Topic: Foreign Policy and National Security

No Veterans of Foreign Wars Need Apply

“As some of the leading presidential candidates trooped before the Veterans of Foreign Wars in Kansas City this week, there was one thing largely missing at the lectern — veterans of foreign wars,” writes Peter Baker in the Washington Post, contrasting this year’s campaign with past election years.

Baker grades both former presidents and current candidates on a steep curve. He writes, “Every president from Harry S. Truman to George H.W. Bush served.” But LBJ, already a congressman, went on investigative missions for FDR, admittedly flying around the South Pacific combat zone. And the nearsighted Ronald Reagan made propaganda films in Los Angeles. He even counts George W. Bush as a veteran on the basis of his Texas Air National Guard service.

As for the current candidates, 

“The torch is being passed to a new generation that’s never worn a uniform,” said Kenneth T. Jackson, a military historian at Columbia University. “It’s a significant change. It means people are now coming of age who are really the post-Vietnam generation.”

But is that really true? The leading Democratic candidates are a woman and a man born in 1961. But John Edwards, born in 1953, Bill Richardson (1947), and Joe Biden (1941) are not “the post-Vietnam generation.” They’re the non-Vietnam generation. A blogger has some more details about the Vietnam records of 2008 candidates here.

As for the Republicans, John McCain famously served, as Baker notes. But Mitt Romney (1947), Rudy Giuliani (1944), Fred Thompson (1942), and Newt Gingrich (1947) are, like their Democratic counterparts, within the age cohorts who went to Vietnam. They weren’t post-Vietnam, just nowhere-near-Vietnam. Mike Huckabee (1955) and Sam Brownback (1956), along with Barack Obama, would seem to the only candidates who are actually from the post-Vietnam generation.

Does this matter? It used to matter to voters. When I asked my parents in the 1960s, about 20 years after the end of World War II, why all the local candidates listed themselves as veterans on all their campaign literature, my mother told me that you’d wonder what was wrong with a man who hadn’t served in “the war.” Today, some worry that military veterans might be more eager to go to war. Historian Jackson sees it differently: “When you have leaders who haven’t gone [to war], I do think it changes the equation a little bit,” he told the Post. “It’s a little bit worrisome. People who have actually been to war … are actually a little less inclined to go to war. Generals know what war’s about, and they’re less enthusiastic to go rocketing off than civilians.”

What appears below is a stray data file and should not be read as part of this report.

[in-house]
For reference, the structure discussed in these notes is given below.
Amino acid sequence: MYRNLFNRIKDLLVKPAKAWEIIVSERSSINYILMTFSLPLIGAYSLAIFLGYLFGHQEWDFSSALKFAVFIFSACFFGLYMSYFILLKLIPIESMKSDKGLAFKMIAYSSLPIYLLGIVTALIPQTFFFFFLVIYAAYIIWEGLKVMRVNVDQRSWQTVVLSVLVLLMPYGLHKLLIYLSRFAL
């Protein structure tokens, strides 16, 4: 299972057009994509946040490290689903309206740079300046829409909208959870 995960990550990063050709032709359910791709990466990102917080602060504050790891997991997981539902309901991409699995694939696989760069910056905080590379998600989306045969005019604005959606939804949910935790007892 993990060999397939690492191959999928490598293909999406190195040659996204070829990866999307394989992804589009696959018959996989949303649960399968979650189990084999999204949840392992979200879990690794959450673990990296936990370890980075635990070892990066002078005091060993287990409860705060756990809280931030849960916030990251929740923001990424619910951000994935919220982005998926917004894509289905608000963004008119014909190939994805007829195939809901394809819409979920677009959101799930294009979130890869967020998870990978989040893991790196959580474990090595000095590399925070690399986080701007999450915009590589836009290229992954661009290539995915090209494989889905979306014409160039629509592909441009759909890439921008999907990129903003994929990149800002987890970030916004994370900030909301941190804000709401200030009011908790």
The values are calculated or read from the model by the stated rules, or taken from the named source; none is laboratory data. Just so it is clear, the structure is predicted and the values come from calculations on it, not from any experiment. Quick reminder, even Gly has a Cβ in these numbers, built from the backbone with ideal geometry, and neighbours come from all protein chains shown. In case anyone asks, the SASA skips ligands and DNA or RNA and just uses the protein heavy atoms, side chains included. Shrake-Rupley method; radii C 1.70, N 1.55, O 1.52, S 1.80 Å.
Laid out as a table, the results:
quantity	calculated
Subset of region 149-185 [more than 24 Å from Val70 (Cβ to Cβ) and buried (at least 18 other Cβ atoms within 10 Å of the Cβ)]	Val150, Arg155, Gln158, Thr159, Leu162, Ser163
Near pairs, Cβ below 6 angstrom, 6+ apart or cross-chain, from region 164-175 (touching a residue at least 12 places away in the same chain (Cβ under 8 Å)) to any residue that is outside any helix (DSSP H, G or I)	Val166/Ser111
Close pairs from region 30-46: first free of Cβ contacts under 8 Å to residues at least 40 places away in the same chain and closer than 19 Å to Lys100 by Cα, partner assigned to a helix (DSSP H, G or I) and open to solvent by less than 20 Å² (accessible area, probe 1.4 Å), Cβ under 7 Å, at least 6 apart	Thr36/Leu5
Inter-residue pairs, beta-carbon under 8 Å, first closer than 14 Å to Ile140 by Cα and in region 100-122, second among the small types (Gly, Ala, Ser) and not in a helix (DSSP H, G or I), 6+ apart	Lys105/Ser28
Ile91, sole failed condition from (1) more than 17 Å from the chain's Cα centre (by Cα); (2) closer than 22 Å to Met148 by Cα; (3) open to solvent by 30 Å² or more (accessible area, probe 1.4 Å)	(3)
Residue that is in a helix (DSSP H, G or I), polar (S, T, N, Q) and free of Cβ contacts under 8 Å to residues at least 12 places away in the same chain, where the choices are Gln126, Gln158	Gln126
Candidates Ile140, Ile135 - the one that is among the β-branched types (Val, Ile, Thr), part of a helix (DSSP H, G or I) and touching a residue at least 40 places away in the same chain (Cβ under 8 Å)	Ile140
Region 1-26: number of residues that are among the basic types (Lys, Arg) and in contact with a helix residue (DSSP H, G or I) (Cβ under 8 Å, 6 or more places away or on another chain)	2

That reminds me of Robert Heinlein’s novel Starship Troopers, often denounced as militaristic or even fascist, especially by people who have only seen the movie. In the novel, only military veterans were citizens with voting rights. But the basis for that was classical republicanism: that only those who were willing to defend the society, and who by facing combat had come to understand the real meaning of power and war and violence, could be trusted to lead the society.

At the very least, candidates who have never served in a war should have some special humility in urging that other Americans be sent to war.

The World Is Our Domino!

President Bush’s decision to talk about Iraq in the context of Vietnam has engendered some (predictably) contentious commentary on that conflict. Here’s Ross Douthat at The Atlantic responding to his colleague Matt Yglesias:

the Communist victory in Vietnam did lead to the rest of Indochina going Communist, as the domino theorists predicted, and it played a role in the Soviet advances across the Third World during the rest of the 1970s - from Ethiopia and Mozambique to Afghanistan and Nicaragua, with various other proxy wars thrown in for good measure.

This is factually inaccurate. First of all, what the domino theorists were arguing was not that “Laos and Cambodia would go Communist and therefore we couldn’t abandon our/the French position in Indochina.” Rather, it was that basically all of Asia, from India to Japan, was going to go Communist, which would indeed have been an incredibly bad development. George Kennan was warning in 1948 that we should be worried about Indonesia, since, if it fell, “it would only be a matter of time before the infection would sweep westward through the continent to Burma, India, and Pakistan.” John Foster Dulles in 1953 testified before the Senate foreign relations committee, telling them ominously that Japan was a likely domino. Kennan later came to his senses. Dulles never did.

Douthat continues:

our enemies in al-Qaeda, Iran and elsewhere probably won’t make the kind of gains that, say, Rick Santorum and other feverish voices anticipate if we pull out of Iraq, and they simply aren’t strong enough to pose an existential threat to the U.S. over the long run. But they will win a real victory, just as Soviet Communism won a real victory in the early 1970s, and that victory will have real repercussions around the globe. I think we were right to pull out of Vietnam when we did, and wrong to be there in the first place, but it’s too simplistic to say that the domino theory looks “completely wrong” or “crazy” in hindsight; there are an awful lot of dead people in Indochina, Latin America and Africa who would quibble with that assessment.